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This article is about the brother of Cesare Borgia. You may be looking for his cousin or the Assassin Giovanni Borgia.

Juan Borgia (1474 – 1497), also known as Giovanni Borgia, was the second Duke of Gandia, and the first son of Rodrigo Borgia – the Grand Master of the Templar Order of the Italian Templars – and his long-term mistress Vannozza dei Cattanei.

Juan was also the older brother of Cesare, Lucrezia and Jofré Borgia, and the grandfather of Francis Borgia.


Since Juan was his favorite son, Rodrigo made him the Captain-General of the Papal armies as soon after he became Pope in 1492. At around this time, Juan's younger brother, Cesare, became a Cardinal.[1]

In 1496, Juan fought Bartolomeo d'Alviano at the Siege of Bracciano, wherein Bartolomeo sent a donkey out of the city, with a sign around its neck reading "Let me go for I am an ambassador to the Duke of Gandia." Bartolomeo had also tied a letter for Juan to the donkey's tail, which contained further insults.[2]

By 1497, Cesare had realized that his life as a Cardinal would lead nowhere, and that if he wanted to gain power, he would need to get rid of his brother.[1] Upon enticing Juan into a night spent in the company of courtesans, Cesare introduced him to Fiora Cavazza, a close ally of his. That night on June 14, Cesare watched as Fiora engaged Juan in a moment of passion, before she slit his throat with a dagger. Juan's body was later thrown into the Tiber.[3]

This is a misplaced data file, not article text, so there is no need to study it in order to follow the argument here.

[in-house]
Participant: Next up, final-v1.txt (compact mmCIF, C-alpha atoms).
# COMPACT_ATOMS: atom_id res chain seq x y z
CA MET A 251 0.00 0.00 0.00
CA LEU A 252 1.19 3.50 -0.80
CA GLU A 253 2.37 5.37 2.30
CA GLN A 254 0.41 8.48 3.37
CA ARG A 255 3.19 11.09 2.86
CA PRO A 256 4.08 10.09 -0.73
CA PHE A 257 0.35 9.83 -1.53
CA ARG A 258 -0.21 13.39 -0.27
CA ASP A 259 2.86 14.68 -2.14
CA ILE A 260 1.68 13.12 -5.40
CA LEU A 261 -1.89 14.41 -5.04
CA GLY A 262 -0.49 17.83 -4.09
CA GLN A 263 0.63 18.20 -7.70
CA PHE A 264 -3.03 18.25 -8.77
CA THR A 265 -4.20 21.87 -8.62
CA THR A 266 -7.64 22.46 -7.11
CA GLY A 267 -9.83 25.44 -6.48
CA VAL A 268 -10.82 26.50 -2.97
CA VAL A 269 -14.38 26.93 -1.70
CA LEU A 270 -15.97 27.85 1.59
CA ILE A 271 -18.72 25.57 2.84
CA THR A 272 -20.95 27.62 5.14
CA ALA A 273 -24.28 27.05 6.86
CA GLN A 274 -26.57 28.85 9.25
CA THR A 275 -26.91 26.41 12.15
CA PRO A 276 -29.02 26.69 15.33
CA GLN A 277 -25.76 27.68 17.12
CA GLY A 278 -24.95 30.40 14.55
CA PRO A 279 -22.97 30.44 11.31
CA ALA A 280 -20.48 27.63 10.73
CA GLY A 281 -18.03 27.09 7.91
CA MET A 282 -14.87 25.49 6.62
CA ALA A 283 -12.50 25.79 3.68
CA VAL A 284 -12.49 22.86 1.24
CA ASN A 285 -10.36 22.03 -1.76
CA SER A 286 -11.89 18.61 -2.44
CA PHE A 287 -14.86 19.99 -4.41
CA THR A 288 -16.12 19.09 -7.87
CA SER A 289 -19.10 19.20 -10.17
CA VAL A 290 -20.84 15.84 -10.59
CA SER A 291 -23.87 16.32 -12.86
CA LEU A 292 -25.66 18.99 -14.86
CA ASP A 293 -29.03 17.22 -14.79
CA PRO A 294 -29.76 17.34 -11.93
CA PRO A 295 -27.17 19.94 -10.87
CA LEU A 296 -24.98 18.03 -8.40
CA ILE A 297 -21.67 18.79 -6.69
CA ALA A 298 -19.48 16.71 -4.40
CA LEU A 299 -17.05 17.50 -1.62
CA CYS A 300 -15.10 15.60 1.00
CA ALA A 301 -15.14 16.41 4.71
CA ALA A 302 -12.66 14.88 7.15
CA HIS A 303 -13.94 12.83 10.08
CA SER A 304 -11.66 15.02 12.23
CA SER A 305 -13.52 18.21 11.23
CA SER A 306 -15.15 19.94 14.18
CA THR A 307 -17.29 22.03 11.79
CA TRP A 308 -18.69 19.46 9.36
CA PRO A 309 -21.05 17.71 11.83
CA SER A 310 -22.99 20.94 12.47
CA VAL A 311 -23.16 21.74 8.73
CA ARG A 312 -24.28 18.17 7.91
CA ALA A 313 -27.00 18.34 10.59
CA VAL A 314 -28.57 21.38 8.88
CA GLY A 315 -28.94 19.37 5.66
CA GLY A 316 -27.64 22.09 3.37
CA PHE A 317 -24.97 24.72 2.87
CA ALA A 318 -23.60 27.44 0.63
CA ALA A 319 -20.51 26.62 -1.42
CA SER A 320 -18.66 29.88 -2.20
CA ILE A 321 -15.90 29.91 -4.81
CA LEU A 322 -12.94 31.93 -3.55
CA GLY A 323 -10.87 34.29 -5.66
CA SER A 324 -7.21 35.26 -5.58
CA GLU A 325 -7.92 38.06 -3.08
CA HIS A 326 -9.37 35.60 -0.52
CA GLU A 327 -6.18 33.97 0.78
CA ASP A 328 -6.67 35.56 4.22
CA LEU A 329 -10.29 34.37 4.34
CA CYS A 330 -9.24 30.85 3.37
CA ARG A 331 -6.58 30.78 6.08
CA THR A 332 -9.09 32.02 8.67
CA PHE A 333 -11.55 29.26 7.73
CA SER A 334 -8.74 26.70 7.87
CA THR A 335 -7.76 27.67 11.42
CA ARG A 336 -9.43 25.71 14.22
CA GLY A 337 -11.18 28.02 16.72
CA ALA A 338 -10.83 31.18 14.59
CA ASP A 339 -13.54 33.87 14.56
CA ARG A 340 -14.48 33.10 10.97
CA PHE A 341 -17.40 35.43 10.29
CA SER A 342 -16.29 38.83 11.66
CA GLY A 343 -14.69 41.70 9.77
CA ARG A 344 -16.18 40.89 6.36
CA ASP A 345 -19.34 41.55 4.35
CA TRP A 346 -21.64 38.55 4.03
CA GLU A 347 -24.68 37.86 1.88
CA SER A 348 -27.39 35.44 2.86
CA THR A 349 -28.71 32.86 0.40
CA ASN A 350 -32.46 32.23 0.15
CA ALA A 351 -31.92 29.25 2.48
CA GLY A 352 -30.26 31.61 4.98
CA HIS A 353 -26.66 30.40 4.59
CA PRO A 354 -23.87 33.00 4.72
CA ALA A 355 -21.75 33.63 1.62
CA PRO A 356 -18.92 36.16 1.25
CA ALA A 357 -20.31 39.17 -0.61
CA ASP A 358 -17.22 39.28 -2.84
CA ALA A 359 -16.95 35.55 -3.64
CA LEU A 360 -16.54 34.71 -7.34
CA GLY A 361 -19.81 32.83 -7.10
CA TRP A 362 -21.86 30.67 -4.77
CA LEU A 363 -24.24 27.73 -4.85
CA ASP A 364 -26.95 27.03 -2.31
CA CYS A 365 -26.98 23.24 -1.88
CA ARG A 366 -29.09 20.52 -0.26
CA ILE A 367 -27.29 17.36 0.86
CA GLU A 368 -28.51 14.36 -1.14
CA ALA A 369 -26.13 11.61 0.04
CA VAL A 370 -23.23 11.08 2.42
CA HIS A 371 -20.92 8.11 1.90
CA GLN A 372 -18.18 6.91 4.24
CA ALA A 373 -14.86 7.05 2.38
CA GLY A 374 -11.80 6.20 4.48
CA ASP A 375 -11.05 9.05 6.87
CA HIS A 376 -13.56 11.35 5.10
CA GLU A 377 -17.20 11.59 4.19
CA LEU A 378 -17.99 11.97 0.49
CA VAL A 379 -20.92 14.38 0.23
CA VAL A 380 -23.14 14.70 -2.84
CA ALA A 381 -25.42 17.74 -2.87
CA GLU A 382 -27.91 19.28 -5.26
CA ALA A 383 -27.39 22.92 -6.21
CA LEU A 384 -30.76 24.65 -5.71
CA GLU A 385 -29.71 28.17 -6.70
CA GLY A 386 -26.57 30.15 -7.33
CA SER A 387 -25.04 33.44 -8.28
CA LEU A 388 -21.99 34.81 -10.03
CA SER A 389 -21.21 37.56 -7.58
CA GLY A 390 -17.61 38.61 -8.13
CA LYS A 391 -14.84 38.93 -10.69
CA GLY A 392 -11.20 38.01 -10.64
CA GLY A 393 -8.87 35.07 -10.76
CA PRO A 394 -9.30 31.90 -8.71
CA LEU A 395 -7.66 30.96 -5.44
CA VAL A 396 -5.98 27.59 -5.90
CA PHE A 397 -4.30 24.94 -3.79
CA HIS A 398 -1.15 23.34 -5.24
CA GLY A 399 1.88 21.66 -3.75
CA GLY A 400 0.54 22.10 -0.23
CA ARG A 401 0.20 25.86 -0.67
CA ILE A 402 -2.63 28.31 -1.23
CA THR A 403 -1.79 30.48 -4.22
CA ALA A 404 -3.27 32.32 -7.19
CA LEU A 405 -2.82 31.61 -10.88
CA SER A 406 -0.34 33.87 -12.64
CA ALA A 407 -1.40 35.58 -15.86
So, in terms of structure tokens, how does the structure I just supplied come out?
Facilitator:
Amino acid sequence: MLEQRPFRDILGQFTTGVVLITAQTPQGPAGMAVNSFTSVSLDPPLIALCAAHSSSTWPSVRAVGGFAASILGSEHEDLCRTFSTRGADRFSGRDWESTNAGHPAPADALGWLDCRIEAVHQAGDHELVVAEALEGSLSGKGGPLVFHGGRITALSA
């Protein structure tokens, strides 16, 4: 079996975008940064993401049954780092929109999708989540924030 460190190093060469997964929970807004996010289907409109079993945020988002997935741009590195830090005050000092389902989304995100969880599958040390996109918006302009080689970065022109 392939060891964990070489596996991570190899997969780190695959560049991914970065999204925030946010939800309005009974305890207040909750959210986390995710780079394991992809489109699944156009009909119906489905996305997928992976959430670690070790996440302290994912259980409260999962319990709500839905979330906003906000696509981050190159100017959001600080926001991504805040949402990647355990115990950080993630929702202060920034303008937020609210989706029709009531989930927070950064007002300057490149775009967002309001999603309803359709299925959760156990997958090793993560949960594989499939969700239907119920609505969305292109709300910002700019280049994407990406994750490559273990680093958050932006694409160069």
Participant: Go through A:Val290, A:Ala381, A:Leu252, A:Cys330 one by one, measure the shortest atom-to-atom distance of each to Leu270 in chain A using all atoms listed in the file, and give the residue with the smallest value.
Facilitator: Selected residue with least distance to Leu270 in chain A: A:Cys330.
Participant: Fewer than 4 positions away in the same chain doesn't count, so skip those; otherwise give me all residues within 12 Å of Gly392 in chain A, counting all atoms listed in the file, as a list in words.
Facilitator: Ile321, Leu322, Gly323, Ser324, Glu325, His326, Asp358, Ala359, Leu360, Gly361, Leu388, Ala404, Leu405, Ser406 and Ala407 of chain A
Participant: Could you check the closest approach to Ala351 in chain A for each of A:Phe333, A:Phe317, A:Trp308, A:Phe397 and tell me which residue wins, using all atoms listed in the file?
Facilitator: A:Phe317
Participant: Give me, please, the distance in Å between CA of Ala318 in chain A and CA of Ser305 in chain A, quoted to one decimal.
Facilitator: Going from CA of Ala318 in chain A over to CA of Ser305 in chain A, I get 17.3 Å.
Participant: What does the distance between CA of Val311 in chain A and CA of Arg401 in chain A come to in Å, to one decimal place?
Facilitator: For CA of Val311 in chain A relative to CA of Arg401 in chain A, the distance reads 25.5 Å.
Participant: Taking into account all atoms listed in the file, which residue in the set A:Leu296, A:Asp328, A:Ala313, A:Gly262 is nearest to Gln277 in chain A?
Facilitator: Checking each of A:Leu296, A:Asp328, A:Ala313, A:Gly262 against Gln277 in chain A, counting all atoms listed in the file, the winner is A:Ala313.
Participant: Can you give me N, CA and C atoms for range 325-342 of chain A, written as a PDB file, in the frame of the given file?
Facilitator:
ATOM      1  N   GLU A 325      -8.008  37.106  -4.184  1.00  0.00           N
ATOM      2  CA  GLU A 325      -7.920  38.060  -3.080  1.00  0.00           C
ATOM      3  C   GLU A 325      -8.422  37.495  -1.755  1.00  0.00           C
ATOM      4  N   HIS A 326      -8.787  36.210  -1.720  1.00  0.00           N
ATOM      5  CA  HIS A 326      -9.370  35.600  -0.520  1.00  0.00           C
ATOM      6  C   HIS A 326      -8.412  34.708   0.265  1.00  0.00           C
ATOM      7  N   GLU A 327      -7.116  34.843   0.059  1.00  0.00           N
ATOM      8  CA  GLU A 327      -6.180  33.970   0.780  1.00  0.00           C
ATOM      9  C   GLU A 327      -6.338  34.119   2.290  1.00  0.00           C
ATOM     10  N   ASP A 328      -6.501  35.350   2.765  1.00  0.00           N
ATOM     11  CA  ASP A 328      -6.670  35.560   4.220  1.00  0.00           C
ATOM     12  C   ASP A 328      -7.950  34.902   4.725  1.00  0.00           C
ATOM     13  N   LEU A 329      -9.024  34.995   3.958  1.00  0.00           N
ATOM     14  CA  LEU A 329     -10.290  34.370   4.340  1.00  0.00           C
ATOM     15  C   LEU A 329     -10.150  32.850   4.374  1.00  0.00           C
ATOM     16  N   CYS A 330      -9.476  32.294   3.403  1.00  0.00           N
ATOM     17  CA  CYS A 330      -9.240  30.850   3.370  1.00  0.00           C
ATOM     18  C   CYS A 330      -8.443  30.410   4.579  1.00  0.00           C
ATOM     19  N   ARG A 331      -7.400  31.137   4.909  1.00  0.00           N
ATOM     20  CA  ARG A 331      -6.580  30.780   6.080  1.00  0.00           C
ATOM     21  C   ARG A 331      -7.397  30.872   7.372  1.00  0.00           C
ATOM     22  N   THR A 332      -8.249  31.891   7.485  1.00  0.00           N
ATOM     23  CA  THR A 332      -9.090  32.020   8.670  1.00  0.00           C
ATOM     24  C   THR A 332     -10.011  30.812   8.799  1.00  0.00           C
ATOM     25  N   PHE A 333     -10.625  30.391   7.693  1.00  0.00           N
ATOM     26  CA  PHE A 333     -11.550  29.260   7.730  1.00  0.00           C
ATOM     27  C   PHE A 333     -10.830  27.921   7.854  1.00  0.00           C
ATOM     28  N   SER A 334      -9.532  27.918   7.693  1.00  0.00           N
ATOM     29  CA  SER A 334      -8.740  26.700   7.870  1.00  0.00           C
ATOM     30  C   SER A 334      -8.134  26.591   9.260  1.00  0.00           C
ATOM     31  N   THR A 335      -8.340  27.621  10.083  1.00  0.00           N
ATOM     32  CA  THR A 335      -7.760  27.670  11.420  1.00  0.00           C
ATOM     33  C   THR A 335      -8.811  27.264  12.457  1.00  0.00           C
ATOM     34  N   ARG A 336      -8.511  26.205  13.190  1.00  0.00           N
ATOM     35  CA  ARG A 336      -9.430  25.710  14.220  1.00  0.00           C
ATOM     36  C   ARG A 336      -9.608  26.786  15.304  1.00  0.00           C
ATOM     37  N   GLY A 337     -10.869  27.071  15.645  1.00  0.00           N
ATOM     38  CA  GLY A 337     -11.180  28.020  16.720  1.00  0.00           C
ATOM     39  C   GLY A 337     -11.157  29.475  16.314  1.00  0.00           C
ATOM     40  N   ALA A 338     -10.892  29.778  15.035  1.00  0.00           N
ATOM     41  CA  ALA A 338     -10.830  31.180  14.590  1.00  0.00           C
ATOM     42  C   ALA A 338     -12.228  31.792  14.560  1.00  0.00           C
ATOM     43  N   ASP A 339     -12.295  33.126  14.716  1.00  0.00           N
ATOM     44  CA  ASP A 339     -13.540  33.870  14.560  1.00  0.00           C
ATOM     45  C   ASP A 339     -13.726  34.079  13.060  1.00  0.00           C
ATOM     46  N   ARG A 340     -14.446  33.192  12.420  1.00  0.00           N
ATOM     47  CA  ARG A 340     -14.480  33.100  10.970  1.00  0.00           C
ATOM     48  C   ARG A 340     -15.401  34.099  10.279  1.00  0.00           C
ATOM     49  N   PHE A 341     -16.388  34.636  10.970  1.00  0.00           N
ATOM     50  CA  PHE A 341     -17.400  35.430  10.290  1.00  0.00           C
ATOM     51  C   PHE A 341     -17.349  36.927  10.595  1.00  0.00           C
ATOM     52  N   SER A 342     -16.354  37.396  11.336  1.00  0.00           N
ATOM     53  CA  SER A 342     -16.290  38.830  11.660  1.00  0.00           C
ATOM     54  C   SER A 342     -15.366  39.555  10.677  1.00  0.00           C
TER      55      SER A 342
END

Subsequent to the discovery of Juan's death, Cesare became Captain-General in his stead, and was never identified as his brother's killer.[3]

Behind the scenes

The appearance of Juan Borgia the Younger in Ascendance is completely based off the way Juan Borgia the Elder looks like in Assassin's Creed: Brotherhood. However, this brings about a series of discrepancies. Juan looks much older than his real age; historically, he died when he was 23. Juan, despite being Captain-General, wore a cardinal's attire. The two cousins are also voiced by the same actor.

In reality, although there are many suspects, it remains unknown who actually murdered Juan, as there were no witnesses aside from his attendant who was also killed. His well-dressed body was recovered from the Tiber with his coinpurse apparently untouched, and while the Pope ordered an investigation into the murder, he abruptly called it off a week later despite his known grief for his son's death.[4] With no culprits named, it is traditionally assumed that the Pope had identified those responsible but was either unwilling or unable to punish them. Juan also wasn't murdered on Tiber Island but in the Roman Ghetto just to the east.